IDFR Lecture Series 2/2022
On 9 August 2022, IDFR’s Centre for Political Studies and Economic Diplomacy, successfully organised IDFR Lecture Series 2/2022 featuring Her Excellency The Honourable Nanaia Mahuta, the Foreign Minister of New Zealand. The lecture titled Foreign Policy for Small States was held in a hybrid mode with physical attendance of 92 officials and 40 online participants from various government ministries and agencies, Malaysian Missions abroad, foreign embassies, state governments, as well as members of academias.
Minister Mahuta's visit to IDFR was a historic event as it was the first time a New Zealand Foreign Minister has taken the stage. Her lecture began by defining small states and their challenges. In comparison to big powers that have the ability to exert influence through their military and economic strength, small states have to call for greater cooperation through multilateralism to achieve shared objectives. Additionally, international rules and norms must be defended to govern behaviours and responsibilities of small and large nations, towards mobilising global efforts such as combating climate change.
With today's pressure and challenges encountered by small states, added by the difference in resources from larger states, Minister Mahuta underlined the importance of small states to set up clear principles and priorities essentially by knowing their values. In this regard, values were highlighted by Minister Mahuta as the core of New Zealand’s foreign policy conduct, which encapsulates prioritising people and relationships, showing respect to others, working together to address shared challenges, and protecting the interest of future generations. Through values, prosperity and openness, small states are called to utilise soft power through the form of “appeal and attraction”, in influencing others for action.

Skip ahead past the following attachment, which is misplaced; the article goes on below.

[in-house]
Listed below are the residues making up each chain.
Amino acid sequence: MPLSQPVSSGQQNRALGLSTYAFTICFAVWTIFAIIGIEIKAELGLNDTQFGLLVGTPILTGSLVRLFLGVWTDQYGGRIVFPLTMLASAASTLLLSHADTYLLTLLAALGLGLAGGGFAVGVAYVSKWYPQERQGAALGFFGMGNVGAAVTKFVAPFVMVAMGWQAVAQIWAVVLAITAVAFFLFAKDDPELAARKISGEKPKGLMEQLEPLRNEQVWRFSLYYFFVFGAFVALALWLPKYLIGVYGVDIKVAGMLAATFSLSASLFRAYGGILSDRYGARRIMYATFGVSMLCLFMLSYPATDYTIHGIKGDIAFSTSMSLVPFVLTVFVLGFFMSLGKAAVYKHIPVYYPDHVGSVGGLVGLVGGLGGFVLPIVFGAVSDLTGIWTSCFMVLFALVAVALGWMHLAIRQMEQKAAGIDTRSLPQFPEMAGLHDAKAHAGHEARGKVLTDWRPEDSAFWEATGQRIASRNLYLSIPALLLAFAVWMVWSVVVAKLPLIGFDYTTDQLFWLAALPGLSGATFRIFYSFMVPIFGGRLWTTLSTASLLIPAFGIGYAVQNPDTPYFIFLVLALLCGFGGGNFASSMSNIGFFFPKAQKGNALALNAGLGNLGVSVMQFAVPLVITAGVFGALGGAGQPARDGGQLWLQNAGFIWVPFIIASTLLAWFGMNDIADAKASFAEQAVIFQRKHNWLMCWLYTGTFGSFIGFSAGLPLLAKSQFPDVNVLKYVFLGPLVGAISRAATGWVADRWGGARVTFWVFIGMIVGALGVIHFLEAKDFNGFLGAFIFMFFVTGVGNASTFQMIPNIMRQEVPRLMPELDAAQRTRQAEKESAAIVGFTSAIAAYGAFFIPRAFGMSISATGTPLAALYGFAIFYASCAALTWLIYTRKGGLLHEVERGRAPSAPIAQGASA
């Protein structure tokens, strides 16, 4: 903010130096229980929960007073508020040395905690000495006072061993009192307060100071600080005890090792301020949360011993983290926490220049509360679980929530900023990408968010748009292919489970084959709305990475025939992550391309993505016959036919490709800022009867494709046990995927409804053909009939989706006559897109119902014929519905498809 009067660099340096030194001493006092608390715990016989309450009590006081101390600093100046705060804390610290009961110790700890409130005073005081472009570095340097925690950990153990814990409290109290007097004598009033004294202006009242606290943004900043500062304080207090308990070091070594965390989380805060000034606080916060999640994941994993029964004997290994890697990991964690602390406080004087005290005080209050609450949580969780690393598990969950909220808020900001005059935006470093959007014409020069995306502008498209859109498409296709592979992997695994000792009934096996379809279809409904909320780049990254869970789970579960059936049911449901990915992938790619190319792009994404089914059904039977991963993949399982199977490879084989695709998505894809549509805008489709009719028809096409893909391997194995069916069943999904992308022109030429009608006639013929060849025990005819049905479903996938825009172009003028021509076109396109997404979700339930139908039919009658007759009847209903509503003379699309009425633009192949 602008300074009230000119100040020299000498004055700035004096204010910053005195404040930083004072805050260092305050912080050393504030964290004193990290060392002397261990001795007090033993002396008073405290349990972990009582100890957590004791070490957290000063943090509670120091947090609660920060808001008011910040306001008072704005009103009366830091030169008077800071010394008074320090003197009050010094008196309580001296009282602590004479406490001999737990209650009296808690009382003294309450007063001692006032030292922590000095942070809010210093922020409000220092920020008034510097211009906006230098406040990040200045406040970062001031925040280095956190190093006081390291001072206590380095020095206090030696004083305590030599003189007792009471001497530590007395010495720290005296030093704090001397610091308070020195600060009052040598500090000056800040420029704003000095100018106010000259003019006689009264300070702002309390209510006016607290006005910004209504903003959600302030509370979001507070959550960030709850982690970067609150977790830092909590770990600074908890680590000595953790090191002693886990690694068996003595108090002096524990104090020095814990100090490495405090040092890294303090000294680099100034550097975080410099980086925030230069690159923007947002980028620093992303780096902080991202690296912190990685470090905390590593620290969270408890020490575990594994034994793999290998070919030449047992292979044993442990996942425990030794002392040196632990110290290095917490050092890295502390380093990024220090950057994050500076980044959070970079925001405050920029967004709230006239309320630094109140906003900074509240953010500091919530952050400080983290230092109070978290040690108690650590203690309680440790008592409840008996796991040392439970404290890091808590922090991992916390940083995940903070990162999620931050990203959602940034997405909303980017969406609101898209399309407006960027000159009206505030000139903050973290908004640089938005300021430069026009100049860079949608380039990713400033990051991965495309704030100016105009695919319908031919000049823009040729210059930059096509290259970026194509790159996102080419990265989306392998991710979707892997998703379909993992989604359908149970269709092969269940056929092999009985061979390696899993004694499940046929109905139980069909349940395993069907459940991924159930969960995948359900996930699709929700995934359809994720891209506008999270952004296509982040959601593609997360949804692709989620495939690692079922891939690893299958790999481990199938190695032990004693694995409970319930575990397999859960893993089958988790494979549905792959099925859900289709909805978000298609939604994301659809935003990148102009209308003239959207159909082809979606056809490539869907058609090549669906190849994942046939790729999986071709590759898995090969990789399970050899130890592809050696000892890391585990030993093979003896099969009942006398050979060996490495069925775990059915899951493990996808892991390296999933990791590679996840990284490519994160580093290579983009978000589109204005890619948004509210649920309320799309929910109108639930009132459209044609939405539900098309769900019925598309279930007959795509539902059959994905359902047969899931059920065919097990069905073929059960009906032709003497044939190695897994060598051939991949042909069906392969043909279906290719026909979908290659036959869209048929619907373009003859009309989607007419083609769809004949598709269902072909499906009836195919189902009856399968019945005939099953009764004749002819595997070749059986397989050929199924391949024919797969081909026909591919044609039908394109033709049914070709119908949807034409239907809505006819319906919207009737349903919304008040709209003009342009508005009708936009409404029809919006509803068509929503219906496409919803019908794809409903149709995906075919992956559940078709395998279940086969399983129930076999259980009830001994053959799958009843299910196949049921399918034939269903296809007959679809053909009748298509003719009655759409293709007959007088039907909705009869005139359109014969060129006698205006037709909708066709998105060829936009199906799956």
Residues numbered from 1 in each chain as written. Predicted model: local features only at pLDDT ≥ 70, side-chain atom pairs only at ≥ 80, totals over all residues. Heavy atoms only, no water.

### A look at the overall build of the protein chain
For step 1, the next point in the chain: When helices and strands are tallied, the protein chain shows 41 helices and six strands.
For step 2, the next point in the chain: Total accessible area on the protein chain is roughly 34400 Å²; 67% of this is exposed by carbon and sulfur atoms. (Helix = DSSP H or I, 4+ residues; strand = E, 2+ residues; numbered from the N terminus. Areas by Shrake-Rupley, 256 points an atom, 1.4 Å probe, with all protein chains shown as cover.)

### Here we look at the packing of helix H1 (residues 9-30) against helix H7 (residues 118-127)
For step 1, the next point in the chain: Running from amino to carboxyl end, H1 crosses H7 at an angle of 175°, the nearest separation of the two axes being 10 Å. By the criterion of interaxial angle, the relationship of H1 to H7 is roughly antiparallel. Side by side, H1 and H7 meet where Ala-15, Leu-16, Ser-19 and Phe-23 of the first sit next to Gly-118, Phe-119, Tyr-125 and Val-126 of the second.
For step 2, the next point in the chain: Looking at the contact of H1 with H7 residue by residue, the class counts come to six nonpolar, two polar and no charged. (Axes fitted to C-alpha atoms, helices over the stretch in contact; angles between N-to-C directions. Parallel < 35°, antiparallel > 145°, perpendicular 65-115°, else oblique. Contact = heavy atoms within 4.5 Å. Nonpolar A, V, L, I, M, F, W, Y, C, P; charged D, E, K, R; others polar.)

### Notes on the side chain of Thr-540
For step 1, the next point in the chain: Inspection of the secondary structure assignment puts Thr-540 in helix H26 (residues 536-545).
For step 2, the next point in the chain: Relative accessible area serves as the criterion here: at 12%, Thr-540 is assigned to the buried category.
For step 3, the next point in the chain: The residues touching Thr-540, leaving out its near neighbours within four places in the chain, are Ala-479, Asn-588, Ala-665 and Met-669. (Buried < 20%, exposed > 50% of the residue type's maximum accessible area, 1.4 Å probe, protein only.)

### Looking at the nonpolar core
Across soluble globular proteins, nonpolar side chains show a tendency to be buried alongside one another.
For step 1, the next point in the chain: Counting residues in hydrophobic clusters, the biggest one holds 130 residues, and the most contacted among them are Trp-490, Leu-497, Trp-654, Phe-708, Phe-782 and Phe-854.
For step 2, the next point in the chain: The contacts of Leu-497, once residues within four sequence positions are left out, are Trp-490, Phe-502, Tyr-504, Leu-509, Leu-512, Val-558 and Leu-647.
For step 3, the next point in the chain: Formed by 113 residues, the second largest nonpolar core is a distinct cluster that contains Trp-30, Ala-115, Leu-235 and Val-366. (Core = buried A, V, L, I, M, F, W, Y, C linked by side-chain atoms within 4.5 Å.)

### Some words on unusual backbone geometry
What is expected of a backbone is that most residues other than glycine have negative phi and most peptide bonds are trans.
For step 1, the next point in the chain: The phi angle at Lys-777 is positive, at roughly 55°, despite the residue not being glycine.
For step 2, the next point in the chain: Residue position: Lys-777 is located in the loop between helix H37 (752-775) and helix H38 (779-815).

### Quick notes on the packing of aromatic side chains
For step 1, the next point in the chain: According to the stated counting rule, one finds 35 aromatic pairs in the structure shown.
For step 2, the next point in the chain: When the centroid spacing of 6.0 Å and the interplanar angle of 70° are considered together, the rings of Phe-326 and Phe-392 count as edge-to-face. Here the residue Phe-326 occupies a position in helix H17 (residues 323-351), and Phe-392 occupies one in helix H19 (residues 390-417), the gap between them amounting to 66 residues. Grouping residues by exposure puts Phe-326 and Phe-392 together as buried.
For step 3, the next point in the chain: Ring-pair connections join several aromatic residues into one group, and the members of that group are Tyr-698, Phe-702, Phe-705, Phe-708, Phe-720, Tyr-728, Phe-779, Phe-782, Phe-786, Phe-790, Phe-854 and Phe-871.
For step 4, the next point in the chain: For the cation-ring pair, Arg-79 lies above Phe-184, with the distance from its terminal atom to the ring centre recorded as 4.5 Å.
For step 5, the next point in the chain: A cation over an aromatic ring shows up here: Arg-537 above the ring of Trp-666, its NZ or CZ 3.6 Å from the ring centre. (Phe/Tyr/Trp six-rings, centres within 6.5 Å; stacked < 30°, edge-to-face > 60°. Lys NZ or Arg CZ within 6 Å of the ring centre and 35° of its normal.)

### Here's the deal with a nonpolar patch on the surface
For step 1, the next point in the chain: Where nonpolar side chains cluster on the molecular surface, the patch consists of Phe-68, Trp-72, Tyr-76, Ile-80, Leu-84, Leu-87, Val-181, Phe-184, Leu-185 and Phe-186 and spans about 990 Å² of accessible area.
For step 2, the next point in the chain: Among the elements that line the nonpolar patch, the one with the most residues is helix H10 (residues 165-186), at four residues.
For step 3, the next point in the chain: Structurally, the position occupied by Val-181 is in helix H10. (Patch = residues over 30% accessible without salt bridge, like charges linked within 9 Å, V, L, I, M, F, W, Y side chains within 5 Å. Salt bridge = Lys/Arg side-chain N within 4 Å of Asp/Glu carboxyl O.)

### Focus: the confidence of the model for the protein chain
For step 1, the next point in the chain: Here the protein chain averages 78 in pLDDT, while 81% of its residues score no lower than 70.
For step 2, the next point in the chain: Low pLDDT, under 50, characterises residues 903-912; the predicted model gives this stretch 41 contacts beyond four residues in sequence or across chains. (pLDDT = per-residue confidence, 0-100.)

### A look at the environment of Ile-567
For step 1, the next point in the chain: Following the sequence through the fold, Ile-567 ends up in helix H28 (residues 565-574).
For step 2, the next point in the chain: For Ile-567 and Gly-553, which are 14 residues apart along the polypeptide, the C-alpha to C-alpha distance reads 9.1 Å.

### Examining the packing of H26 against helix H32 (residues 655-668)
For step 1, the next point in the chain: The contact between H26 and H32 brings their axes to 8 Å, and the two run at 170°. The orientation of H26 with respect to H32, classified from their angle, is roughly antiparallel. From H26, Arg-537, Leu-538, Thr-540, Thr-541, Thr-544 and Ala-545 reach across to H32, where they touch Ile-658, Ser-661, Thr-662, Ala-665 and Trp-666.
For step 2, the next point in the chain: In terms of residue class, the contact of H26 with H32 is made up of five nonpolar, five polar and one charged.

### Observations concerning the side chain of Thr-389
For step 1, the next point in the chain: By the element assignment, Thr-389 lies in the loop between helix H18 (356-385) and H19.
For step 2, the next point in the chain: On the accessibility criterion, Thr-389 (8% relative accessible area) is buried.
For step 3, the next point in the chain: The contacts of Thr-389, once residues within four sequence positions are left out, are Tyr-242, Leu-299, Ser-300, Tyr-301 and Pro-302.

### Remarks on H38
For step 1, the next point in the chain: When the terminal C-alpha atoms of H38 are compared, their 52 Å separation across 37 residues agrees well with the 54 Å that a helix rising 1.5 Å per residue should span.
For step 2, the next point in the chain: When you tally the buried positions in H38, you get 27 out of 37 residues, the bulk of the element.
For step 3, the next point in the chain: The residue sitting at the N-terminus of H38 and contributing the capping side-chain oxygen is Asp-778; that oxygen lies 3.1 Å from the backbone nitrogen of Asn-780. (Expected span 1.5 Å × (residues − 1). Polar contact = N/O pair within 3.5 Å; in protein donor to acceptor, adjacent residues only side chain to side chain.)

Minister Mahuta also highlighted that small states must work closely and uphold the rule-based order through multilateral institutions to be heard and treated equally. New Zealand and Malaysia have worked together on various platforms regarding the issues of security, disarmament and international law under the United Nations (UN), to name a few. As a way for small states not to depend on big powers, New Zealand will intervene in Ukraine’s case as a third party in the International Court of Justice and has opposed the use of the veto by Security Council members since the UN was established.
In her remark, Minister Mahuta has not only emphasised on investing in the region in terms of defence and security, but also on investing in the people, as being smart, innovative, and strategic are vital for small states to steer their future. In fact, the uniqueness in history and culture can also be a source of strength for New Zealand and Malaysia. The bilateral ties of both countries can set a powerful testament of how small states can work together bilaterally, regionally and globally. When small states harness core strength collectively, it is believed that larger impacts can be made in the international arena. With that, Minister Mahuta ended the lecture with a saying in Māori, “He iti te mokoroa, nana i kati te kahikatea”, which means there is power in small things. The lecture was then concluded with a set of light refreshments and an engaging networking session with the participants.
Ms. Hanun Insyirah Ishak and Ms. Aida Yasmin Azhar
Centre for Political Studies and Economic Diplomacy (PSED)